Russia to reveal nuclear stockpile data
Russia may lift veil of secrecy over its nuclear arsenal after START treaty with US comes into force.
Moscow: Russia is considering disclosing data on its nuclear stockpile, a Foreign Ministry spokesman said on Wednesday.
The statement came just over a week after the US Department of Defence for the first time revealed top-secret data on its nuclear arsenals, saying the country`s stockpile contained 5,113 nuclear warheads.
"When the new arms reduction treaty, signed in Prague on April 08 by the Russian and US presidents, comes into force, we will also be able to consider on a practical level the issue of disclosing Russia`s total number of deployed strategic delivery systems and the warheads attributed to them," Andrei Nesterenko said.
Commenting on the move by the US to unveil data on its nuclear arsenals, Nesterenko said, "We consider that the step taken by Washington will increase transparency and contribute to the strengthening of trust between nuclear and non-nuclear powers".
At a meeting in Prague in April, the two countries, which possess about 90 percent of global nuclear arsenals, agreed to reduce the number of warheads to 1,550 on each side and the number of deployed and non-deployed delivery vehicles to 800 on each side.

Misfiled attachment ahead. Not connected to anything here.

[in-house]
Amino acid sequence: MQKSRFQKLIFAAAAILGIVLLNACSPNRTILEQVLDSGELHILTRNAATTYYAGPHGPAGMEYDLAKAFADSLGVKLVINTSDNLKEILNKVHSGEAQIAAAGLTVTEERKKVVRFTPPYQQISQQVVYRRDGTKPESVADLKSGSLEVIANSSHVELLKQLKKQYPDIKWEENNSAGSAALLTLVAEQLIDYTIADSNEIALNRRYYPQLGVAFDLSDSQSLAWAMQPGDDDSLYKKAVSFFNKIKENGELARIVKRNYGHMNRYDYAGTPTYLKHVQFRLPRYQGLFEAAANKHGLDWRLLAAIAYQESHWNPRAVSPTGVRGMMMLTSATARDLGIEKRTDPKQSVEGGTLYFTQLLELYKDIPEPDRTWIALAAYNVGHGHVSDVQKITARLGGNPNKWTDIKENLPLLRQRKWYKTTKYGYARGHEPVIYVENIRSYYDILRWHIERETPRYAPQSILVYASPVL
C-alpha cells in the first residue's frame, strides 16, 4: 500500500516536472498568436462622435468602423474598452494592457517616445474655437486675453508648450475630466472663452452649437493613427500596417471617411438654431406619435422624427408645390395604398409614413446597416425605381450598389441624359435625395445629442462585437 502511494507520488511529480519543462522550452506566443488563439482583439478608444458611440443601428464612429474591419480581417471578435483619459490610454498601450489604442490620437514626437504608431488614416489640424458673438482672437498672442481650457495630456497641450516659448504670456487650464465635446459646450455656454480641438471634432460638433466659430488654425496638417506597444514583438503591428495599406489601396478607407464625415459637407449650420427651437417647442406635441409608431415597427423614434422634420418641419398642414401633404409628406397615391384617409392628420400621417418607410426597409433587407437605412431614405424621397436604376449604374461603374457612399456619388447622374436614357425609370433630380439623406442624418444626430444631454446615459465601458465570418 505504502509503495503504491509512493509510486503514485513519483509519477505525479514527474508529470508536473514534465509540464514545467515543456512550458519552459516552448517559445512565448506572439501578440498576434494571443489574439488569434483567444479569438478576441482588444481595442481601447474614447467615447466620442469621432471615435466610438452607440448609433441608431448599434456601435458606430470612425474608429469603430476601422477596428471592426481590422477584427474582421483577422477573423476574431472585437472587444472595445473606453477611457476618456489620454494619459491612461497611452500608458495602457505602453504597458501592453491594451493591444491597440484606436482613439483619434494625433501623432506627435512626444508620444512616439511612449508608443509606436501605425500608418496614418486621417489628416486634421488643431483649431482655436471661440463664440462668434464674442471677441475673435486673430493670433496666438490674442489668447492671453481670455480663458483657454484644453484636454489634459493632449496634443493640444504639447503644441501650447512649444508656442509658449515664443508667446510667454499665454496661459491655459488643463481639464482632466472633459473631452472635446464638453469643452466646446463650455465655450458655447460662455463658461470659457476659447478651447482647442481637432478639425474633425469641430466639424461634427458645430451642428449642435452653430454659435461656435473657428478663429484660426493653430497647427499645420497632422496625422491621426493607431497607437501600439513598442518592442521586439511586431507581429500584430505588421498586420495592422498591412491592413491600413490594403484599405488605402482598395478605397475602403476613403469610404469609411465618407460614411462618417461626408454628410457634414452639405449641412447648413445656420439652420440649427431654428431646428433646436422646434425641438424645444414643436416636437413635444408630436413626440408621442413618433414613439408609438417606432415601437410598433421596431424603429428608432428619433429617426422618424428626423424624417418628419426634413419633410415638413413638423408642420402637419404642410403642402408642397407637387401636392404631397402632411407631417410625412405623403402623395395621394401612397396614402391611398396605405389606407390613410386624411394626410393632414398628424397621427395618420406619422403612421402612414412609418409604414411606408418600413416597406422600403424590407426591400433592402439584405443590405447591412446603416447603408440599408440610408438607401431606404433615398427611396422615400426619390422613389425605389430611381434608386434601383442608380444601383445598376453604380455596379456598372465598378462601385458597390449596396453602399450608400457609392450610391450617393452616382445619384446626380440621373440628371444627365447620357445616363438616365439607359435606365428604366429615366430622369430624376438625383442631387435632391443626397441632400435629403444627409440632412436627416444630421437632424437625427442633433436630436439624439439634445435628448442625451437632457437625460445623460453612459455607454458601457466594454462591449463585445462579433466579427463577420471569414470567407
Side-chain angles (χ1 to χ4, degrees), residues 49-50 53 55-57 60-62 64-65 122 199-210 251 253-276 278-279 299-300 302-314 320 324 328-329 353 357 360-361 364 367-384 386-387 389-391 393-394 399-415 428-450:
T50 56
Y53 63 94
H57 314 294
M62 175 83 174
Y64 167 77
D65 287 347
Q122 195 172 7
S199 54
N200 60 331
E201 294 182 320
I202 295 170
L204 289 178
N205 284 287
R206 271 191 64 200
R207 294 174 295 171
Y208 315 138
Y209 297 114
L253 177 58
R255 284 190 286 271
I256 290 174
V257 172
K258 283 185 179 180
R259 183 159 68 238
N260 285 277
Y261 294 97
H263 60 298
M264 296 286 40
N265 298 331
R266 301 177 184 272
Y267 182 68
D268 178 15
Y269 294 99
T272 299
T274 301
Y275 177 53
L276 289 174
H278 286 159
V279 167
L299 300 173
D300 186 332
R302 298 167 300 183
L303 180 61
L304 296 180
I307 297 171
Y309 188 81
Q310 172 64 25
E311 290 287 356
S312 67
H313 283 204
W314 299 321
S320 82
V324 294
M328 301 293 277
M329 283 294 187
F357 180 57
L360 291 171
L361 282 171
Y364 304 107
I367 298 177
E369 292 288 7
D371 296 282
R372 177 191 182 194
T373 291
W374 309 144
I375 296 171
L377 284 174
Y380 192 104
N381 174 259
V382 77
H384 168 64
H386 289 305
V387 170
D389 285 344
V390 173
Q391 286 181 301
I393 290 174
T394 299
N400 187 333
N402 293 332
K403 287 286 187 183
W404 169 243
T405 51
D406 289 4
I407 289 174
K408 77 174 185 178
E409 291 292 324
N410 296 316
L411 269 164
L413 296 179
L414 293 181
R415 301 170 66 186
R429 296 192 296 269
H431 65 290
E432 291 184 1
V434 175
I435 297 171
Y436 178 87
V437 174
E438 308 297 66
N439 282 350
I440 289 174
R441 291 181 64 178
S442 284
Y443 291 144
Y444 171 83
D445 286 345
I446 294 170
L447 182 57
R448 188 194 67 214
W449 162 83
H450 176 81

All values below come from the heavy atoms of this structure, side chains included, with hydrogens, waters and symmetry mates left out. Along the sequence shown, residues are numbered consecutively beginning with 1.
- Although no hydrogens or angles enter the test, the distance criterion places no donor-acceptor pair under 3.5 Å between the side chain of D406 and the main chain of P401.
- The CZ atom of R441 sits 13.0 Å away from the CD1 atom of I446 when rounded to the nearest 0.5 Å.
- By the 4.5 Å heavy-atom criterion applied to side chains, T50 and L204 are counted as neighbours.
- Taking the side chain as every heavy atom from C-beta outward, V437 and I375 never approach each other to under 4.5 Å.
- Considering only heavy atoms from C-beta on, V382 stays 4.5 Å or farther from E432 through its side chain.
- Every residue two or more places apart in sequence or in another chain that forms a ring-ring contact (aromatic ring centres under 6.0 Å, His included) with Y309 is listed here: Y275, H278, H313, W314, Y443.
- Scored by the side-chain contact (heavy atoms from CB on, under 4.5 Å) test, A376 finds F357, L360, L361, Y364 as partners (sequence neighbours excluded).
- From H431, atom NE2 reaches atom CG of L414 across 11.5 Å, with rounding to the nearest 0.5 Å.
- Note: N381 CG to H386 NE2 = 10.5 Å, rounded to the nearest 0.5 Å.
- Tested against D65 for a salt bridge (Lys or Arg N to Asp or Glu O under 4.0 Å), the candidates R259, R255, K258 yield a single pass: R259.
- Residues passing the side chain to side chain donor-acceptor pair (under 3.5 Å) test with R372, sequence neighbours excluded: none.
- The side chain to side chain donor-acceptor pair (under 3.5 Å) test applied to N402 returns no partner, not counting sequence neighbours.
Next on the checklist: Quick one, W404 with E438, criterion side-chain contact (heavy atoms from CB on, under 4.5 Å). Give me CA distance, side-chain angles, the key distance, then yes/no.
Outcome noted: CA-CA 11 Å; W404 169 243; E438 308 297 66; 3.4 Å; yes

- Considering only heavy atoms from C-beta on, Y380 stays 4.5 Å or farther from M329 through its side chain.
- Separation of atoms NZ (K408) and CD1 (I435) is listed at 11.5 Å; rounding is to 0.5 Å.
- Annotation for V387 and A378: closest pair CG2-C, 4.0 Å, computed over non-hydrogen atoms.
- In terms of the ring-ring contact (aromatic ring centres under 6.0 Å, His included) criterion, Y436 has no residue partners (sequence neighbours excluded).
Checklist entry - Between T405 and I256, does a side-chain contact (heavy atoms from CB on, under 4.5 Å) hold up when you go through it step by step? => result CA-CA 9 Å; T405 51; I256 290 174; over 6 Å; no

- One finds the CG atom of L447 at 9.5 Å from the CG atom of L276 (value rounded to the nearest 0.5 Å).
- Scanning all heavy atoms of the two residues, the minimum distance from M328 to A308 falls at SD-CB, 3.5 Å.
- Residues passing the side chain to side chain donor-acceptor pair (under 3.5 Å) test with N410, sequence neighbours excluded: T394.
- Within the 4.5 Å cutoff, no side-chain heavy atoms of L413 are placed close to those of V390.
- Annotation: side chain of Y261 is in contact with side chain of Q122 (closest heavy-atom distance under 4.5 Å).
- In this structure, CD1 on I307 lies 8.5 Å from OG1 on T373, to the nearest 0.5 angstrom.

The new treaty, which is yet to be ratified by the Russian and US parliaments, replaces the START 1 treaty, the cornerstone of a post-Cold War arms control setup that expired on December 05, 2009.
On Monday, US President Barack Obama revived a civil nuclear agreement with Russia by resubmitting it to the Congress, almost two years after Washington froze the deal following Russia`s brief war with US ally Georgia over the former Georgian republic of South Ossetia in August 2008.
The agreement will open up possibilities for widespread commercial nuclear trade, technology exchange and joint nuclear research between Washington and Moscow. It will also clear the way for Russia to make headway in the profitable business of importing and storing spent nuclear fuel from US-supplied reactors.